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I was looking for some fundamental books on history of science. I picked Thomas Kuhn book "The Structure of Scientific Revolutions" but it's not exactly about history of science - it's more on methodology and philosophy of science. Can you recommend some books? Thank you.

UPD: To be more precise, I wanted to learn more about how humanities in Europe have developed from the "beginning of science" till our days.

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    $\begingroup$ Are you looking for information on any specific period (e.g. origins of science, scientific revolution, early 20th century progress in physics)? The question is very broad as it stands. $\endgroup$ – Danu Dec 22 '14 at 20:41
  • $\begingroup$ Who decides which books get included in the holy canon? $\endgroup$ – fdb Dec 22 '14 at 23:37
  • $\begingroup$ Danu, I'm looking for a book that covers history of humanities from the ancient times to nowadays $\endgroup$ – Sergey Dec 23 '14 at 9:48
  • $\begingroup$ And by "humanities" you mean "areas that are sometimes regarded as social sciences", i.e. "history, archaeology, anthropology, area studies, communication studies, classical studies, law, semiotics and linguistics"? That is still very broad, and not what Kuhn focuses on. The question title is then misleading since without qualifications people assume that science means "hard science", as the current answers indicate. $\endgroup$ – Conifold Dec 25 '14 at 11:13
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  1. Throw away the book of Kuhn. He is not a scientist. He is a philosopher. Who has an agenda. And trying to push this agenda. This approach has nothing to do with science.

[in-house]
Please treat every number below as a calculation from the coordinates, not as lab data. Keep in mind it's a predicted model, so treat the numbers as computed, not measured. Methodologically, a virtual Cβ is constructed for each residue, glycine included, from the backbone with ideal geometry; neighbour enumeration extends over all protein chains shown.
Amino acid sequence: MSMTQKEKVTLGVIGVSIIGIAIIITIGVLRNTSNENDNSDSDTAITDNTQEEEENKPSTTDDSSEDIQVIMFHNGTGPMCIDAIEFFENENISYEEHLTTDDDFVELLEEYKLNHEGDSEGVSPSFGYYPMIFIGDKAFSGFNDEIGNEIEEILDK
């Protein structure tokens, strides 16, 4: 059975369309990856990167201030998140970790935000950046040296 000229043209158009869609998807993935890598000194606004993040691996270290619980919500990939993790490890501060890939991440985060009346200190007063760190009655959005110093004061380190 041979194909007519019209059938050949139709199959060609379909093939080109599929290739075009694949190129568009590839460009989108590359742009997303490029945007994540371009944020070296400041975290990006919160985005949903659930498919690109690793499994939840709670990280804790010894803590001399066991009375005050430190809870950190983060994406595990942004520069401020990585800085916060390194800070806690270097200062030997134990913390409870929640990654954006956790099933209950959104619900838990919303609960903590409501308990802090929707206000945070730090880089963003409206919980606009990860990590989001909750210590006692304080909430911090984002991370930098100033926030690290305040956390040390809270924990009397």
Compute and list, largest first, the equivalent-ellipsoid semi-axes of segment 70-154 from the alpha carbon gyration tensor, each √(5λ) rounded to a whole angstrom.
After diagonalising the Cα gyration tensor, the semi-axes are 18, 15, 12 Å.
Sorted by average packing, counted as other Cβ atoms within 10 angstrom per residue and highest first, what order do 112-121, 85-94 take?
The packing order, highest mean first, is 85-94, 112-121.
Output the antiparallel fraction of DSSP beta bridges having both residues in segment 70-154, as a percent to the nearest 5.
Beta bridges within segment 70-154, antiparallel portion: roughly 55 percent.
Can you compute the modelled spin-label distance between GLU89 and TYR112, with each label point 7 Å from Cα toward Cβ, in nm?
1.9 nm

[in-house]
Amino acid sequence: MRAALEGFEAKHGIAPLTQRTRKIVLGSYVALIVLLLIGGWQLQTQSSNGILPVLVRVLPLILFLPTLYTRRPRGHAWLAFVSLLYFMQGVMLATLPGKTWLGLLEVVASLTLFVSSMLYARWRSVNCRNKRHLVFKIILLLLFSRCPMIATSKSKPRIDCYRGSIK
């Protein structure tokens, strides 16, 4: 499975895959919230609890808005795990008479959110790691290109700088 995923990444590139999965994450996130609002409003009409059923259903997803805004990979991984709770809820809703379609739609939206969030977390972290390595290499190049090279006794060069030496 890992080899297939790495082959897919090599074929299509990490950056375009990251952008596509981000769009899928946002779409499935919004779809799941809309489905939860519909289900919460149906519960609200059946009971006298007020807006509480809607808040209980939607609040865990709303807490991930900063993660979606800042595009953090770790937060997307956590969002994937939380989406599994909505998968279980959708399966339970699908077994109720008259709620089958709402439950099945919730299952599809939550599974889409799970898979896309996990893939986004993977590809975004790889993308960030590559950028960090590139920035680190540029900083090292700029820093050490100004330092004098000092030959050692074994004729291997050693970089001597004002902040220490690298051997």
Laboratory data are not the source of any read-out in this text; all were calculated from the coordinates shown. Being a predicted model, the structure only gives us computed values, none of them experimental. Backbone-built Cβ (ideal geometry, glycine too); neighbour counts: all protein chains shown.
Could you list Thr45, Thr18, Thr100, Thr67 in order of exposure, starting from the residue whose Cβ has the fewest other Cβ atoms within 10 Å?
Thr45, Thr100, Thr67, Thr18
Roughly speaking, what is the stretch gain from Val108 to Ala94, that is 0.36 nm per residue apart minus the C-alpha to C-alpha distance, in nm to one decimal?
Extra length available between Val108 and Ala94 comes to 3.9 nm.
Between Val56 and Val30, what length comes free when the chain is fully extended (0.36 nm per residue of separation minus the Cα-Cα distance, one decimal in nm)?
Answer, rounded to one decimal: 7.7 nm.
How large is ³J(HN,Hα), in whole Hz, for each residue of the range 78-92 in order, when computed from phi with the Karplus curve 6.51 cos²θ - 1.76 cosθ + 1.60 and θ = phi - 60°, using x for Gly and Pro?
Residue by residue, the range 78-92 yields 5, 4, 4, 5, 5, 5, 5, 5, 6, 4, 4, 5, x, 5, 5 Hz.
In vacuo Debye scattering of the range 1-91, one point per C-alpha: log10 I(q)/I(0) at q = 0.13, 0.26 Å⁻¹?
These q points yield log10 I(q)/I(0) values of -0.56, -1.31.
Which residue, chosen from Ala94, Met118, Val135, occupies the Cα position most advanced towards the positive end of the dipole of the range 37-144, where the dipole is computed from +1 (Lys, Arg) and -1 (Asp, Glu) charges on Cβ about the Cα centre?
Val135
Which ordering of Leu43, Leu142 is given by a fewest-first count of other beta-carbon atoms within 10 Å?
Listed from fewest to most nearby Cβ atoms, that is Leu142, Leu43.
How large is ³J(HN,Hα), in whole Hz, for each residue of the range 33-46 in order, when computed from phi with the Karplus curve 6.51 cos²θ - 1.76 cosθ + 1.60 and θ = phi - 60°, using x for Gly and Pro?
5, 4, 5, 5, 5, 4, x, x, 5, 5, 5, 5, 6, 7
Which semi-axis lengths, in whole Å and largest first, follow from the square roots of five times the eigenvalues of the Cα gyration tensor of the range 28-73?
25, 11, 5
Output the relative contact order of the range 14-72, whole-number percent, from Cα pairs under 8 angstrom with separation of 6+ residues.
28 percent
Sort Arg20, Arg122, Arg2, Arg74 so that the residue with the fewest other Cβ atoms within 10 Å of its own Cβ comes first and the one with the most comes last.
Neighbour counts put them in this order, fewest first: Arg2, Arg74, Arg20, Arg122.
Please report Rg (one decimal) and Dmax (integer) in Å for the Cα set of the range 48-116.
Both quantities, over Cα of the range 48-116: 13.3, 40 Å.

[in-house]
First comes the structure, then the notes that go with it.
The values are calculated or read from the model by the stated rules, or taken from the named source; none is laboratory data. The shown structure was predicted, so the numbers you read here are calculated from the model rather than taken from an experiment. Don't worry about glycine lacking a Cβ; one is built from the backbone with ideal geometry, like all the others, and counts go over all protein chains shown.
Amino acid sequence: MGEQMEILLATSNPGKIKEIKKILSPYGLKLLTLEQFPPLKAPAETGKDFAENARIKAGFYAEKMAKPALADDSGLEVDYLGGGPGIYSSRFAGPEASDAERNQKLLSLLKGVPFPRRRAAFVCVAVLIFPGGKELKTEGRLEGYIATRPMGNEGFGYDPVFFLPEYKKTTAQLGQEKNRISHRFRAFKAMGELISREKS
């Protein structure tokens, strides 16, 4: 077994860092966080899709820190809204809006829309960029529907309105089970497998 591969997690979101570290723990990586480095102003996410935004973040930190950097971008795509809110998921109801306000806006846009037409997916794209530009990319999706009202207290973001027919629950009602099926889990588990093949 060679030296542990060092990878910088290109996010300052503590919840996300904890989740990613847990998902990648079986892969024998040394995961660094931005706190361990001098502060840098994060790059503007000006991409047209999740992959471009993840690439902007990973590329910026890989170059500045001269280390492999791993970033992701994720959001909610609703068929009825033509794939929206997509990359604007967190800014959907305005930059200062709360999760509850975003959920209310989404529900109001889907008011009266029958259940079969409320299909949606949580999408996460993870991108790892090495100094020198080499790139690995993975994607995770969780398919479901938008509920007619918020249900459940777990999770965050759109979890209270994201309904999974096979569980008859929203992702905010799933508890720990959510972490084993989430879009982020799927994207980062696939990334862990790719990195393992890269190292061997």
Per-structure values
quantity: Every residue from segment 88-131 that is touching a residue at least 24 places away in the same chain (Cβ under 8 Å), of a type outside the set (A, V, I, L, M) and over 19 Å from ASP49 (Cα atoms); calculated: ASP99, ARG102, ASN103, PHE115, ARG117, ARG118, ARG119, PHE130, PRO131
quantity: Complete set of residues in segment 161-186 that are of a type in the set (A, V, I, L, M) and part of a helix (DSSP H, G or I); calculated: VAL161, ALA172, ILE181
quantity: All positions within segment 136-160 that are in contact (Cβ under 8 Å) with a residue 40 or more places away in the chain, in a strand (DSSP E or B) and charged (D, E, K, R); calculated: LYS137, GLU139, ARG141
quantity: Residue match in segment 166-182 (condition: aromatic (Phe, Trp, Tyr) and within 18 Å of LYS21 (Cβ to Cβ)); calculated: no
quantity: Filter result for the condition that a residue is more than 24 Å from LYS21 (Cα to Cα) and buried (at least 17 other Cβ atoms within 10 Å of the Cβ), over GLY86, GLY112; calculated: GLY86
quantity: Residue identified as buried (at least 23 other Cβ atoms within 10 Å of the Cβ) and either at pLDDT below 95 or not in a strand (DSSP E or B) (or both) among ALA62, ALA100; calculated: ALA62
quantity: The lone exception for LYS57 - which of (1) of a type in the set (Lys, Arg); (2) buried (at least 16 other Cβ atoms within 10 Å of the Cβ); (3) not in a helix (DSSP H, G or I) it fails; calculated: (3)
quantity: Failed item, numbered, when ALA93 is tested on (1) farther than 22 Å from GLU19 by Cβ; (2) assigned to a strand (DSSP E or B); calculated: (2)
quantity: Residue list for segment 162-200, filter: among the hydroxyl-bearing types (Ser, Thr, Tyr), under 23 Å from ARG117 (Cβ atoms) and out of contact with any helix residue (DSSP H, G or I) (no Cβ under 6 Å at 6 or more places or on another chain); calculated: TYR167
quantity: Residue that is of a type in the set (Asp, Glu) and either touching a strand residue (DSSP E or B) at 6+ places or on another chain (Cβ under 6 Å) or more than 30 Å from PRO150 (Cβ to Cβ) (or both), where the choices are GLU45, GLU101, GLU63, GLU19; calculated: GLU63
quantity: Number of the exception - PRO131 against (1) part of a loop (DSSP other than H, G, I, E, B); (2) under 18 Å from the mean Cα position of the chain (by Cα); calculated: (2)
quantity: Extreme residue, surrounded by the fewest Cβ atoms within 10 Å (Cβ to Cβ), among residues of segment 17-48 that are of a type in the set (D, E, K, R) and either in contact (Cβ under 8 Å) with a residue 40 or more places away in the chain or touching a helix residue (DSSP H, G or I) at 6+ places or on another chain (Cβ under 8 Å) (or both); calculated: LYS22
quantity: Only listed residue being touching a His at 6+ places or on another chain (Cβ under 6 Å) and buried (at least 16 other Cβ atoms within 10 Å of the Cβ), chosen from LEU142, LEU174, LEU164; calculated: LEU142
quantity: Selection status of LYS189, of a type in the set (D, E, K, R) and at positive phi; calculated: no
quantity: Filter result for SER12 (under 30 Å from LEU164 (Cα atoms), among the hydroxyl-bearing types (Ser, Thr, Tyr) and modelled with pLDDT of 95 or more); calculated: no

2. "Canonical books" on history of science are (my choice):

"Dictionary of scientific biography" (multiple volumes by multiple authors)

"A history of ancient mathematical astronomy" by O. Neugebauer,

"Science awakening" by B. L. van der Waerden,

"The Exact sciences in antiquity" by O. Neugebauer.

Other list members can complement this list of CANONICAL books.

There are many books on history of specific sciences in specific periods, but there is no (and cannot be) a "canonical book" on history of WHOLE SCIENCE of ALL periods. Such book is not possible. All books listed above concern either a specific area of science or a specific period, except N 1.

But they are "canonical".

I cannot call any other book in history of science "canonical", but perhaps other members will make more suggestions.

This is certainly a "big list" question. The kind of question which is not welcome (or explicitly prohibited) on this site, for the reasons which I do not understand.

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  • $\begingroup$ I'm curious about your assertions regarding Kuhn. $\endgroup$ – Mark Fantini Dec 23 '14 at 11:53
  • $\begingroup$ @MarkFantini See his comments to this post, continued in a chat. His opinion is (as he says) based on reading just one of Kuhn's works, 40 years ago. That said, Kuhn never wrote a comprehensive history of science. Also, the books he recommends by van der Waerden and Neugebauer are very good. $\endgroup$ – Michael Weiss Dec 24 '14 at 20:28